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Transforming the dialysis experience

21 June 2023

Dialysis is one of the most challenging forms of treatment for people with kidney failure and we are determined to accelerate improvements. Making the journey through dialysis treatment kinder on patients is the focus of one of our new methods of research funding. Three exciting new projects to improve dialysis have been given the green light to begin work later this year.

First MedTech competition

Our first MedTech competition launched last year, specifically designed to support the use of technology to improve patients’ lives. This new approach to investing in innovative research is designed to help researchers learn the necessary steps to get their products from concept to patients. Seven researchers received funding and support to get their research concepts off the ground. 

Several months on, working with a specialist agency, In-PART, we encouraged scientists, academics, engineers, and technology manufacturers alike to propose their dialysis-related innovations through our second MedTech competition. A shortlist of projects was put forward to a “dragon’s den” style panel of experts, including nephrologists and patients, to select the winners.  

Three innovative projects spanning wearable technology to online training platforms and safety devices have been chosen to each receive £30,000 helping bring their innovations to the patients that urgently need them.  

Three innovative projects will be funded

A team at Keele University and the University of Bristol will develop training and other resources to support decision-making processes for patients who may struggle to do so independently. Dialysis is a daunting and gruelling treatment so choosing the right option is paramount to the patient’s outcomes. Training is also planned across England and Wales, to help develop an enhanced approach to supporting families and patients. 

Meanwhile, researchers at Queen Mary University are focused on optimal management of fistulas access points made by surgeons by joining a vein onto an artery, usually in the arm to create a large, robust blood vessel to connect to the dialysis machine. Prior to each dialysis session, the fistula must be checked to see if it’s working properly; if it is not fully functional, additional surgery will be required to create a new one. The team will create wearable technology that can keep patients and staff informed on the condition of the patient’s fistula. The technology will monitor the blood flow through the fistula using a sensor less than a millimetre thick providing quicker, more accurate confirmation that the fistula is still in working order.  

three male researchers in a lab setting
The Queen Mary team

Alongside academic winners, Edinburgh-based company Javelo Health has been chosen as our first start-up company awardee. Founded by clinician-scientist Dr Ashton Barnett-Vanes, Javelo will develop a model of its patient-worn safety device to improve the safety and comfort of bloodlines for children and young people undergoing haemodialysis.  

This will reduce the risk of a disconnection or dislodgement between the access site and the dialysis machine thereby building patient and carer confidence, and alleviating anxiety associated with the procedure at hospital or home. With the opportunity to personalise and reuse the device, the team aim to support and empower children and young people during their healthcare experience.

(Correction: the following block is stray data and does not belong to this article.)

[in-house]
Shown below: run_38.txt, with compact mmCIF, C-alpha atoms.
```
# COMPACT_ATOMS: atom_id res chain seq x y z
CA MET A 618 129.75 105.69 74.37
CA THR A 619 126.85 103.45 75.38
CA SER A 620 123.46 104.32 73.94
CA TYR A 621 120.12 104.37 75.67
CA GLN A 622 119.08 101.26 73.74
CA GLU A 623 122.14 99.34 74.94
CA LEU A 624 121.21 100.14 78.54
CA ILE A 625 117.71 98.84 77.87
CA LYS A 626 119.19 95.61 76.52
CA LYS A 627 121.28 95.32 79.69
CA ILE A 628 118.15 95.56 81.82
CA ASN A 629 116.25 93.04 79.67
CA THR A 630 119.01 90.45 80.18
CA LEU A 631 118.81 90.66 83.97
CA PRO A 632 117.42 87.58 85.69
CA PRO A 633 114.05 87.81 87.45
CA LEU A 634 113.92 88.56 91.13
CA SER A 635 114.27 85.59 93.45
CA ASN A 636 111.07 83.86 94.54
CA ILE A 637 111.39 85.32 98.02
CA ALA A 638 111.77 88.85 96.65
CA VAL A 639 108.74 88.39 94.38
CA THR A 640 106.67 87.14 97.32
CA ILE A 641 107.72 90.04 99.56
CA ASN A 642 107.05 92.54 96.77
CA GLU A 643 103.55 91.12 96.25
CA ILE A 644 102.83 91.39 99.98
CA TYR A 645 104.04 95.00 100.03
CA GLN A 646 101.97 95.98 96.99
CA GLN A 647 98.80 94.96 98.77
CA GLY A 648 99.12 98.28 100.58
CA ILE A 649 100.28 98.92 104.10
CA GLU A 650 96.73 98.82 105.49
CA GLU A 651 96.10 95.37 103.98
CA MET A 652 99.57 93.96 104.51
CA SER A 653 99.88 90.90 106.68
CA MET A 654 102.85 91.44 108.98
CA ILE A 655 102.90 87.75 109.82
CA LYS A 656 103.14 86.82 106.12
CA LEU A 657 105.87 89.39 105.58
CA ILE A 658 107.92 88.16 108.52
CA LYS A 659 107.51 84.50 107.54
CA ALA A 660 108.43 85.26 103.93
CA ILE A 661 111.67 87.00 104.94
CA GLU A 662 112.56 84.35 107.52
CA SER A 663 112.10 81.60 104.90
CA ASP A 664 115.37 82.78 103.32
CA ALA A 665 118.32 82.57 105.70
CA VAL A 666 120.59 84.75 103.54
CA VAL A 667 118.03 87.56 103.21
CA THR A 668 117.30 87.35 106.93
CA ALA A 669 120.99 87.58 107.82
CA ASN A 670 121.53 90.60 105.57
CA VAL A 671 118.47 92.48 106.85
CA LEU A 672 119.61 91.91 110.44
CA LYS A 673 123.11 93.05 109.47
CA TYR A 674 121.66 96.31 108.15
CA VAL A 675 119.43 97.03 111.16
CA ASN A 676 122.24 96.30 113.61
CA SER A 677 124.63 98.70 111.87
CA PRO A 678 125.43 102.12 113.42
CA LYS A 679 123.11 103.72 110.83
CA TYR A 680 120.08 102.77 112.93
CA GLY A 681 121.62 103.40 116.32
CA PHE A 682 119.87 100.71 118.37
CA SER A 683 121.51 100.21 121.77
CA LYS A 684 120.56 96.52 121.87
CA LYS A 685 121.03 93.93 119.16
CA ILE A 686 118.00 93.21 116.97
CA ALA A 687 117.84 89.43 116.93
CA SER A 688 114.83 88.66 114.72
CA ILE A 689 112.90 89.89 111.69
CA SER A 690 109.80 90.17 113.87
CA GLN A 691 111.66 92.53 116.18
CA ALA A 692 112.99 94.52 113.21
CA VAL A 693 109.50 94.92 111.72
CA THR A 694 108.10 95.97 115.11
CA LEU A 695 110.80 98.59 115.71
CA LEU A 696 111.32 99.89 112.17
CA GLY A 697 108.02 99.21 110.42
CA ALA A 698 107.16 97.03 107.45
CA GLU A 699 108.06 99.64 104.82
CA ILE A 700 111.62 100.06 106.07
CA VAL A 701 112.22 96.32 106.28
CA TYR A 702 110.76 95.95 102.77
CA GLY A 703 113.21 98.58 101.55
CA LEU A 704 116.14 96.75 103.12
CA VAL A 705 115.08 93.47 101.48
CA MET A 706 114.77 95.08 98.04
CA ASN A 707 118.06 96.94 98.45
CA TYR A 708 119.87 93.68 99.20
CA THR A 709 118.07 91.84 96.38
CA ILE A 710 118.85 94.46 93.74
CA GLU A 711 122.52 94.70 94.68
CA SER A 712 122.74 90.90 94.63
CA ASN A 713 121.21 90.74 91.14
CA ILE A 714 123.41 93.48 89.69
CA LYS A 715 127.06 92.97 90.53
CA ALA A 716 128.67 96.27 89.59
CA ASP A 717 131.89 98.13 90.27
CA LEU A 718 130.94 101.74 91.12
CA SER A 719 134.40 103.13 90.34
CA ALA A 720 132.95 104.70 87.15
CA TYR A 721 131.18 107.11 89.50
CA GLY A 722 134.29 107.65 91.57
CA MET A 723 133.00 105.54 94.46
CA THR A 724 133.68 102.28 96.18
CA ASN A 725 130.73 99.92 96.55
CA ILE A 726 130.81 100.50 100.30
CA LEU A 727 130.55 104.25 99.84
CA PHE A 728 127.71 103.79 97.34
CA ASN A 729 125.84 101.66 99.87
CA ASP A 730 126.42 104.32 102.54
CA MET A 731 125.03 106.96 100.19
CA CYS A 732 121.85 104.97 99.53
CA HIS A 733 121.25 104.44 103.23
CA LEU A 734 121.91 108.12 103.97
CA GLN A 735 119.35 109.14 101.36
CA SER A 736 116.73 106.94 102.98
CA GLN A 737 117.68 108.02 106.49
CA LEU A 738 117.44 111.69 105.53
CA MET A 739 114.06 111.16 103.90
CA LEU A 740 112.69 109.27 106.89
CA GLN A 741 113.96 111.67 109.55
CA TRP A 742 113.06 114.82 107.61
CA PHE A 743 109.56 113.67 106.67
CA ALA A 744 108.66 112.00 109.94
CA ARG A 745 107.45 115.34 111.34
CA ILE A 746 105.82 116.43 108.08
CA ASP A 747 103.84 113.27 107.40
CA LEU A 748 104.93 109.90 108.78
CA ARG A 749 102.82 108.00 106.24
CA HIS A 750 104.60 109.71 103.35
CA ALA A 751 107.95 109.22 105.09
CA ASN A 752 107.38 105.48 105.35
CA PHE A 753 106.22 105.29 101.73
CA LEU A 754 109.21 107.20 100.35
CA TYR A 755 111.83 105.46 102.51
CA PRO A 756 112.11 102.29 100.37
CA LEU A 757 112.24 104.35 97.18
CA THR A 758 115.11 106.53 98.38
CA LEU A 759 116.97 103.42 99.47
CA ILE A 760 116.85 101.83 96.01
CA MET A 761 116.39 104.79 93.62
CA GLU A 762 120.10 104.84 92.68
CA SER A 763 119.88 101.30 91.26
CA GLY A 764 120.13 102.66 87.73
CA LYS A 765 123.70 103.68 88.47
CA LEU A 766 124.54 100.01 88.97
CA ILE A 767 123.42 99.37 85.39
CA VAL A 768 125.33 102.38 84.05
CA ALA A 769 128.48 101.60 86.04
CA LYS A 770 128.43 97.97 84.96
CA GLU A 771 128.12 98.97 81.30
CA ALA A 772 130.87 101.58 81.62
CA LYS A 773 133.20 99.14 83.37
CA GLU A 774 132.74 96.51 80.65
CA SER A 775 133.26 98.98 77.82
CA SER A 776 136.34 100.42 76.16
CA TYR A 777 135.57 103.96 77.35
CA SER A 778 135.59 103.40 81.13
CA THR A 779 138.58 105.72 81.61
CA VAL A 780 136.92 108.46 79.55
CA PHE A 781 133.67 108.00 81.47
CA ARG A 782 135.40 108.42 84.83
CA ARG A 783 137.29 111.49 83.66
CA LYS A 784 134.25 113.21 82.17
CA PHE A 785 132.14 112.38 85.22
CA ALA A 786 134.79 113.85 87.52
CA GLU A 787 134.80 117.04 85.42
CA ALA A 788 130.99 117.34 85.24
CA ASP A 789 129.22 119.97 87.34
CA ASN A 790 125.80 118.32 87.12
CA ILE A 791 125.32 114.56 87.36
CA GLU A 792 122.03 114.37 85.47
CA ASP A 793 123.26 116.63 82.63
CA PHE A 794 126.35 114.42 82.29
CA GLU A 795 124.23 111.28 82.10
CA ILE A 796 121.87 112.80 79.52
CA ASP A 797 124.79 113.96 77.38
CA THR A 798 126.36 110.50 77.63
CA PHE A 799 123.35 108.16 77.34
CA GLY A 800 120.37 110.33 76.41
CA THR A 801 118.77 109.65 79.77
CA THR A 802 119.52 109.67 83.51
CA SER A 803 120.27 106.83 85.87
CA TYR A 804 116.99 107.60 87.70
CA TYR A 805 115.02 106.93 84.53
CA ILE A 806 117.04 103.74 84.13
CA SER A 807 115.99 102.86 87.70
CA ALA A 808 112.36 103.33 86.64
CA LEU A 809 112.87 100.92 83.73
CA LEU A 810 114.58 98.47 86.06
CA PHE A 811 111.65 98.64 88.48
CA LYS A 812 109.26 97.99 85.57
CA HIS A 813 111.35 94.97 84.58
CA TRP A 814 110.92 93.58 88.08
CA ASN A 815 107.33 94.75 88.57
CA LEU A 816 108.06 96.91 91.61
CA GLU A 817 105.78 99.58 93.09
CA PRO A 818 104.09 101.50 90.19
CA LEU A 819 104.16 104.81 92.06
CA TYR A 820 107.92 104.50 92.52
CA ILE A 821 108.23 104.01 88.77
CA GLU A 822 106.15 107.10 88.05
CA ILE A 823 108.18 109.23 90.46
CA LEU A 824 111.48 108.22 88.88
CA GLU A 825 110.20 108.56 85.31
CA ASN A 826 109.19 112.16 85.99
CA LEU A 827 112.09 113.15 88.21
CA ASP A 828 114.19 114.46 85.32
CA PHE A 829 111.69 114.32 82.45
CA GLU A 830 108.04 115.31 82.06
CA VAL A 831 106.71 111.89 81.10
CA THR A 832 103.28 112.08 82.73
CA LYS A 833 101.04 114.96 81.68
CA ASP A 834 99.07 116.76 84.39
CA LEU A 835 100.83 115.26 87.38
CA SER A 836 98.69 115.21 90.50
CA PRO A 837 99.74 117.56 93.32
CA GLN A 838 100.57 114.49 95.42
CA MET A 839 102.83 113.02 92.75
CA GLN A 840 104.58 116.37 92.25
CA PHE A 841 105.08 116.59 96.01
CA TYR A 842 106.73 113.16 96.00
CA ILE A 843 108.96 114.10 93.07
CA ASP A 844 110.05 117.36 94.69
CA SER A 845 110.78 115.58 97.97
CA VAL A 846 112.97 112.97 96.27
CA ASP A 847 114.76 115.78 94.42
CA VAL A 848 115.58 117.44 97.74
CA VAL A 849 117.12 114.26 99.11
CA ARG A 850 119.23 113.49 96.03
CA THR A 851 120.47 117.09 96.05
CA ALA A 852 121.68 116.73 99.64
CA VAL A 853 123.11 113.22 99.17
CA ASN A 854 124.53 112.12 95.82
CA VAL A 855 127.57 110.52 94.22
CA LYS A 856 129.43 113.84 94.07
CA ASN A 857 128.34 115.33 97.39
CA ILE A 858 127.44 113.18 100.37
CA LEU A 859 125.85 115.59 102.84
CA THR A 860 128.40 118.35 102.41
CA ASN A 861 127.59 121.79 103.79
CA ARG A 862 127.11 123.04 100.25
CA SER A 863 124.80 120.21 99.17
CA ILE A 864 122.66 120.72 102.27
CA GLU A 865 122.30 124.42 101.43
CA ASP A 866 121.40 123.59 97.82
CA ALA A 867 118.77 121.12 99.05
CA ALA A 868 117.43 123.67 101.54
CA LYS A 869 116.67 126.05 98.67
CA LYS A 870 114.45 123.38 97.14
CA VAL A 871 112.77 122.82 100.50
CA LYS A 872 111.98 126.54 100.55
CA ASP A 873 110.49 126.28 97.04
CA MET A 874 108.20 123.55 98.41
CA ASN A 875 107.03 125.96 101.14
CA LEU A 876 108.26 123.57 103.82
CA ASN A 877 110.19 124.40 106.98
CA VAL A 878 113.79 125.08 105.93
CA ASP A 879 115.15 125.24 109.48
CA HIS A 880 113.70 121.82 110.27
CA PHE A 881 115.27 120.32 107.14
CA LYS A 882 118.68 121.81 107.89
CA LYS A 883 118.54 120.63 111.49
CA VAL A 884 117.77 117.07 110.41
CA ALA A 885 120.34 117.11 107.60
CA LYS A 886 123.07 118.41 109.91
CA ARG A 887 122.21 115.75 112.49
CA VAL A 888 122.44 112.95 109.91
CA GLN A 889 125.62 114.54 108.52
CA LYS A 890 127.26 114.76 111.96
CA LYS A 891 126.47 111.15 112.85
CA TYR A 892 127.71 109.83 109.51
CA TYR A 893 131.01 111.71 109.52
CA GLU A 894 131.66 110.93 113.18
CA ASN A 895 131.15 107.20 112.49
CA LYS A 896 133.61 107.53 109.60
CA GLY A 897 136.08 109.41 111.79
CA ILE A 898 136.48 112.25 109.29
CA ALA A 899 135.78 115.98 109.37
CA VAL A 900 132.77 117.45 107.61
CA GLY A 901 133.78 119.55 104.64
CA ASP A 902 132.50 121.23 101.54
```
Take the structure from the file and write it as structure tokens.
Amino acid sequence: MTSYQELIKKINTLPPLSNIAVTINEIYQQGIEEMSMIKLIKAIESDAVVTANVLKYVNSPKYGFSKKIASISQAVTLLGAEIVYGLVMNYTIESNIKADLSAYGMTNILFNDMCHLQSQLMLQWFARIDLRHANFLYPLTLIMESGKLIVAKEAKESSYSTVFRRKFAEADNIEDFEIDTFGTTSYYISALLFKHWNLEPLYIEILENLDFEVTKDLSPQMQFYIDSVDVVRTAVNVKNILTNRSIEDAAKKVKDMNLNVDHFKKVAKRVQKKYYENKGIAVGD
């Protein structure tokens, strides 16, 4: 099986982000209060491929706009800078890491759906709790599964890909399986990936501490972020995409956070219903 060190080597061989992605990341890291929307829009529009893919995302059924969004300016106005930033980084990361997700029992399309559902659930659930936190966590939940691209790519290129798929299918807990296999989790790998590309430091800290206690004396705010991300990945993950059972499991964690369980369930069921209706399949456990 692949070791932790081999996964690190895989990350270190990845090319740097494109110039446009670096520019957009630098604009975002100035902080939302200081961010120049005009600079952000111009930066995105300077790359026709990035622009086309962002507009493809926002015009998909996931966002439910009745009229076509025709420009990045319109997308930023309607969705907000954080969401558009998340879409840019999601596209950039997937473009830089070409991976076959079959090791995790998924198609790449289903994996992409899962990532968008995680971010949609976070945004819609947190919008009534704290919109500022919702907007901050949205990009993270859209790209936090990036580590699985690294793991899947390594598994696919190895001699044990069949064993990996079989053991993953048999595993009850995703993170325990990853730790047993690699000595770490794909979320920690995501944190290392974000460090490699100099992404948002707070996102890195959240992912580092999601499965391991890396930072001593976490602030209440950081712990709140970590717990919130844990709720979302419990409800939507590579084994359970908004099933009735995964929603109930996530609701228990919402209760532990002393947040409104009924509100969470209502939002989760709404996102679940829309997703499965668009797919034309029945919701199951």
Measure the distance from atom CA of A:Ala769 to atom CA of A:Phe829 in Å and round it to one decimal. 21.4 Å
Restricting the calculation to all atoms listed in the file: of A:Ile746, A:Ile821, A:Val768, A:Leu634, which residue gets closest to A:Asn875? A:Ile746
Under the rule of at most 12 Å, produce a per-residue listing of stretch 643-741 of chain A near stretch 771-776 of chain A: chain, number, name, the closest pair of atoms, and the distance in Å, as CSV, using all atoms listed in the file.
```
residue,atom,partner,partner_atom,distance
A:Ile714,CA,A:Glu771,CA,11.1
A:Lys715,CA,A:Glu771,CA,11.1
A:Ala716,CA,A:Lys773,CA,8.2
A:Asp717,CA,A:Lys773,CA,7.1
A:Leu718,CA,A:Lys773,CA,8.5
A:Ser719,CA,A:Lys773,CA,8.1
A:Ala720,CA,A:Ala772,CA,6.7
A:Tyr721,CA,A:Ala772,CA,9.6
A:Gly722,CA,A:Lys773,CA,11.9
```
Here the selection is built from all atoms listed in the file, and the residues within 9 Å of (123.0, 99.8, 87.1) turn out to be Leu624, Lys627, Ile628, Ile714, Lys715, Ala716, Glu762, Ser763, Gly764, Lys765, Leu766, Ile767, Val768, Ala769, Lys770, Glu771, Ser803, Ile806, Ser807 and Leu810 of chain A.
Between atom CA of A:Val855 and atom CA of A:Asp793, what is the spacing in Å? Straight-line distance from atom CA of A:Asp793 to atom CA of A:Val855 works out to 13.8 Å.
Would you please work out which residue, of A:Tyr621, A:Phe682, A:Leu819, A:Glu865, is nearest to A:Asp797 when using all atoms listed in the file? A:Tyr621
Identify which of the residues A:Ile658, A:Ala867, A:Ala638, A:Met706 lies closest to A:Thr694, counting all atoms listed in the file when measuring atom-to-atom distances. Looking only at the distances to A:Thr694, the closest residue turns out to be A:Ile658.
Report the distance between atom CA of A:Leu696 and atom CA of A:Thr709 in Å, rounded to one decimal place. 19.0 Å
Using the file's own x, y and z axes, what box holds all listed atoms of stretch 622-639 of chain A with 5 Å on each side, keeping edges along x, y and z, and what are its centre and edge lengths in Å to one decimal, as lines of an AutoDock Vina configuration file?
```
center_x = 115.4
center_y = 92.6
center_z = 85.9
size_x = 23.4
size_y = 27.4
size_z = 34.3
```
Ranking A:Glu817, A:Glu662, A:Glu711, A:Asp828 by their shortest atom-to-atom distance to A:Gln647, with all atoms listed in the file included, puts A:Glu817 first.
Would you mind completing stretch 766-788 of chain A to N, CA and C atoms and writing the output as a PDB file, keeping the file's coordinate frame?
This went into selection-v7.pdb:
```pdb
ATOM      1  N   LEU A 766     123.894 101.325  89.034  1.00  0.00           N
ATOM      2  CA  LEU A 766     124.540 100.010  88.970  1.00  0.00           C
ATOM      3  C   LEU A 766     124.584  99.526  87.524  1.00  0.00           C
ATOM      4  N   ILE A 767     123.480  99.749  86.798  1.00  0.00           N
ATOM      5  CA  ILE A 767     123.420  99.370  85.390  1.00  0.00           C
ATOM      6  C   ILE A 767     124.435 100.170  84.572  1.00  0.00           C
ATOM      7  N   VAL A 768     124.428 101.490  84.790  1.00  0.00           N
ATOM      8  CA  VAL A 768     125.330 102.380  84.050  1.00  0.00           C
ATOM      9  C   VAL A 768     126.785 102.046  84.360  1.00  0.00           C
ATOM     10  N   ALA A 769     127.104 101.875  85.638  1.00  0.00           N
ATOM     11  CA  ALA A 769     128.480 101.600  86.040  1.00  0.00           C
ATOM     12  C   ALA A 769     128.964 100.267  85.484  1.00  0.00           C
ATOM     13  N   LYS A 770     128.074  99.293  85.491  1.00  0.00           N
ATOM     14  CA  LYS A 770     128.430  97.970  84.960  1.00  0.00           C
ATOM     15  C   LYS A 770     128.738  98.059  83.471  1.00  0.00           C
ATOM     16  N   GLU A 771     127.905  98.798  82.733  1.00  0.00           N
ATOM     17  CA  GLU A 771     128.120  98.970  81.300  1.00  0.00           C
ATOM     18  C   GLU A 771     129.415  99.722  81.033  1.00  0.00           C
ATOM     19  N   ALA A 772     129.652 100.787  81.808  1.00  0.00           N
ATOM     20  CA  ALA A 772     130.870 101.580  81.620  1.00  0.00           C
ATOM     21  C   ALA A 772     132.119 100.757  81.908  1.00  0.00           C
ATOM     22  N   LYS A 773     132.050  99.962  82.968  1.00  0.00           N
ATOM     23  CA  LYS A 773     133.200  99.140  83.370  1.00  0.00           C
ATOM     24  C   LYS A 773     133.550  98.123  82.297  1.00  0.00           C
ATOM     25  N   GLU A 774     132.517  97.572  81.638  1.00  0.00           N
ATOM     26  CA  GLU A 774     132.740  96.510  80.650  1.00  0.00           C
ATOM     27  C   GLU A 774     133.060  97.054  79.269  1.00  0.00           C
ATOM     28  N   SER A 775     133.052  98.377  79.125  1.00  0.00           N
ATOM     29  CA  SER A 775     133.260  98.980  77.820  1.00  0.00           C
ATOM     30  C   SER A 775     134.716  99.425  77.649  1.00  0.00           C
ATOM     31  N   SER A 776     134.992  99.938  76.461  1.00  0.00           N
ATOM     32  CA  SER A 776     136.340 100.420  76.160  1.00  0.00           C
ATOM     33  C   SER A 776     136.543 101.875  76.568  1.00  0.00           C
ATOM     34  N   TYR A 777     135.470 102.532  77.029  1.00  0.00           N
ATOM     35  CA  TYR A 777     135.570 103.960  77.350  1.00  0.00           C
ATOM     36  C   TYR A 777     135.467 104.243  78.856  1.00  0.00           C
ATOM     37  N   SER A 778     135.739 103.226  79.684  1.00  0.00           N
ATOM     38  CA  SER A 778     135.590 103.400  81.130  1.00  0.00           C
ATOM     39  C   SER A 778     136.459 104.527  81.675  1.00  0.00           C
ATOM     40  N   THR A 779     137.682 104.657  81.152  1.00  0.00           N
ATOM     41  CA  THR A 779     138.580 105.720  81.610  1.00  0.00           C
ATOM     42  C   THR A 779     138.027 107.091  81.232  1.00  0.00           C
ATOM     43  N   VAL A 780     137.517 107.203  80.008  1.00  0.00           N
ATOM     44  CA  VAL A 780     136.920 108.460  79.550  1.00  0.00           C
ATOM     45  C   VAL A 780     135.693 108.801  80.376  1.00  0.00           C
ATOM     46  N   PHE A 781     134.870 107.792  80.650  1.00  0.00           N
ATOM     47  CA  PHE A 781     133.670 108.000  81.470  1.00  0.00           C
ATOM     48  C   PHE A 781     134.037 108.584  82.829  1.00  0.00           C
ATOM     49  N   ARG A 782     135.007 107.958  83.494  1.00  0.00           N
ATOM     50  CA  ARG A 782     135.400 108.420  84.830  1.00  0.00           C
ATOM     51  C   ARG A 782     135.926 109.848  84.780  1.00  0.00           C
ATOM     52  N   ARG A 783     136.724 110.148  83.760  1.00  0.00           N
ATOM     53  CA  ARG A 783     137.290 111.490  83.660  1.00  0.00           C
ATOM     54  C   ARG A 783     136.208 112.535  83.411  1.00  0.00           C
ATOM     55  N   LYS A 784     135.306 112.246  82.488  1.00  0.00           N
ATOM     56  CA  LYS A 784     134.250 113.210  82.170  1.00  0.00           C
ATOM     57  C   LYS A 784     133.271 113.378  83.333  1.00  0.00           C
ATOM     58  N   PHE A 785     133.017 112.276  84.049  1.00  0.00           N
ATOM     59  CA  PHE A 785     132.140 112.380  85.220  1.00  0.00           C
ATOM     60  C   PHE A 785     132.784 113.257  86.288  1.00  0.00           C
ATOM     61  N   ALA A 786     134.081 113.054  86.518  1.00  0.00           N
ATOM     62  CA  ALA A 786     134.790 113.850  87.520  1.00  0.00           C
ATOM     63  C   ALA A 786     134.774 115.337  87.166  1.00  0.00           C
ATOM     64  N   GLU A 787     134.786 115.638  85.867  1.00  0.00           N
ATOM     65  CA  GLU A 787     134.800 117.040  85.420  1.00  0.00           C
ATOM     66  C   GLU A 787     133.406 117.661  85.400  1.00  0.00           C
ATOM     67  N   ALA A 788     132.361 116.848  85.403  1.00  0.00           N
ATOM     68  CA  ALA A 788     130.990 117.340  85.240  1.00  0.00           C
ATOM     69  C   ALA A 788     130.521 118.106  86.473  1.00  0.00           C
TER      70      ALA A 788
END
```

Researchers from all three projects will also benefit from membership of a bespoke academy programme supporting them to take their work even further. This innovative approach offers a commercial and business orientated focus, helping researchers to ensure that their innovations reach patients sooner. Building on traditional grant models, the course supports participants through an introduction to innovation and forming a start-up company, all the way to pitching their MedTech project to prospective investors. 

Dr Kirsty Frearson, dialysis programme manager at Kidney Research UK said: “Dialysis is still as gruelling and frightening as it was when it was first introduced in the 1950s and new innovations are desperately needed to improve safety and patient outcomes. We are confident that the projects we have chosen to fund will be highly beneficial for patients and help us in our mission to transform treatments for all kidney patients.” 

Angela Watt presenting at an event
Angela Watt, retired nurse and trustee

Angela Watt, Kidney Research UK trustee

“My background is as a renal nurse and I worked in haemodialysis care for nearly 20 years. In addition to this, numerous members of my family have had haemodialysis treatment and I have advanced kidney disease myself.  

On the panel, as well as patients, there were professionals working in the renal field and those from a business background, but we all had a link to kidney disease. The event was well organised and everyone was given the opportunity to ask questions of those presenting.  

I was impressed by the range of innovations presented to the panel. Despite some lively discussion we were all in agreement that those chosen for funding provided the best chance of making a difference to renal patients.”  

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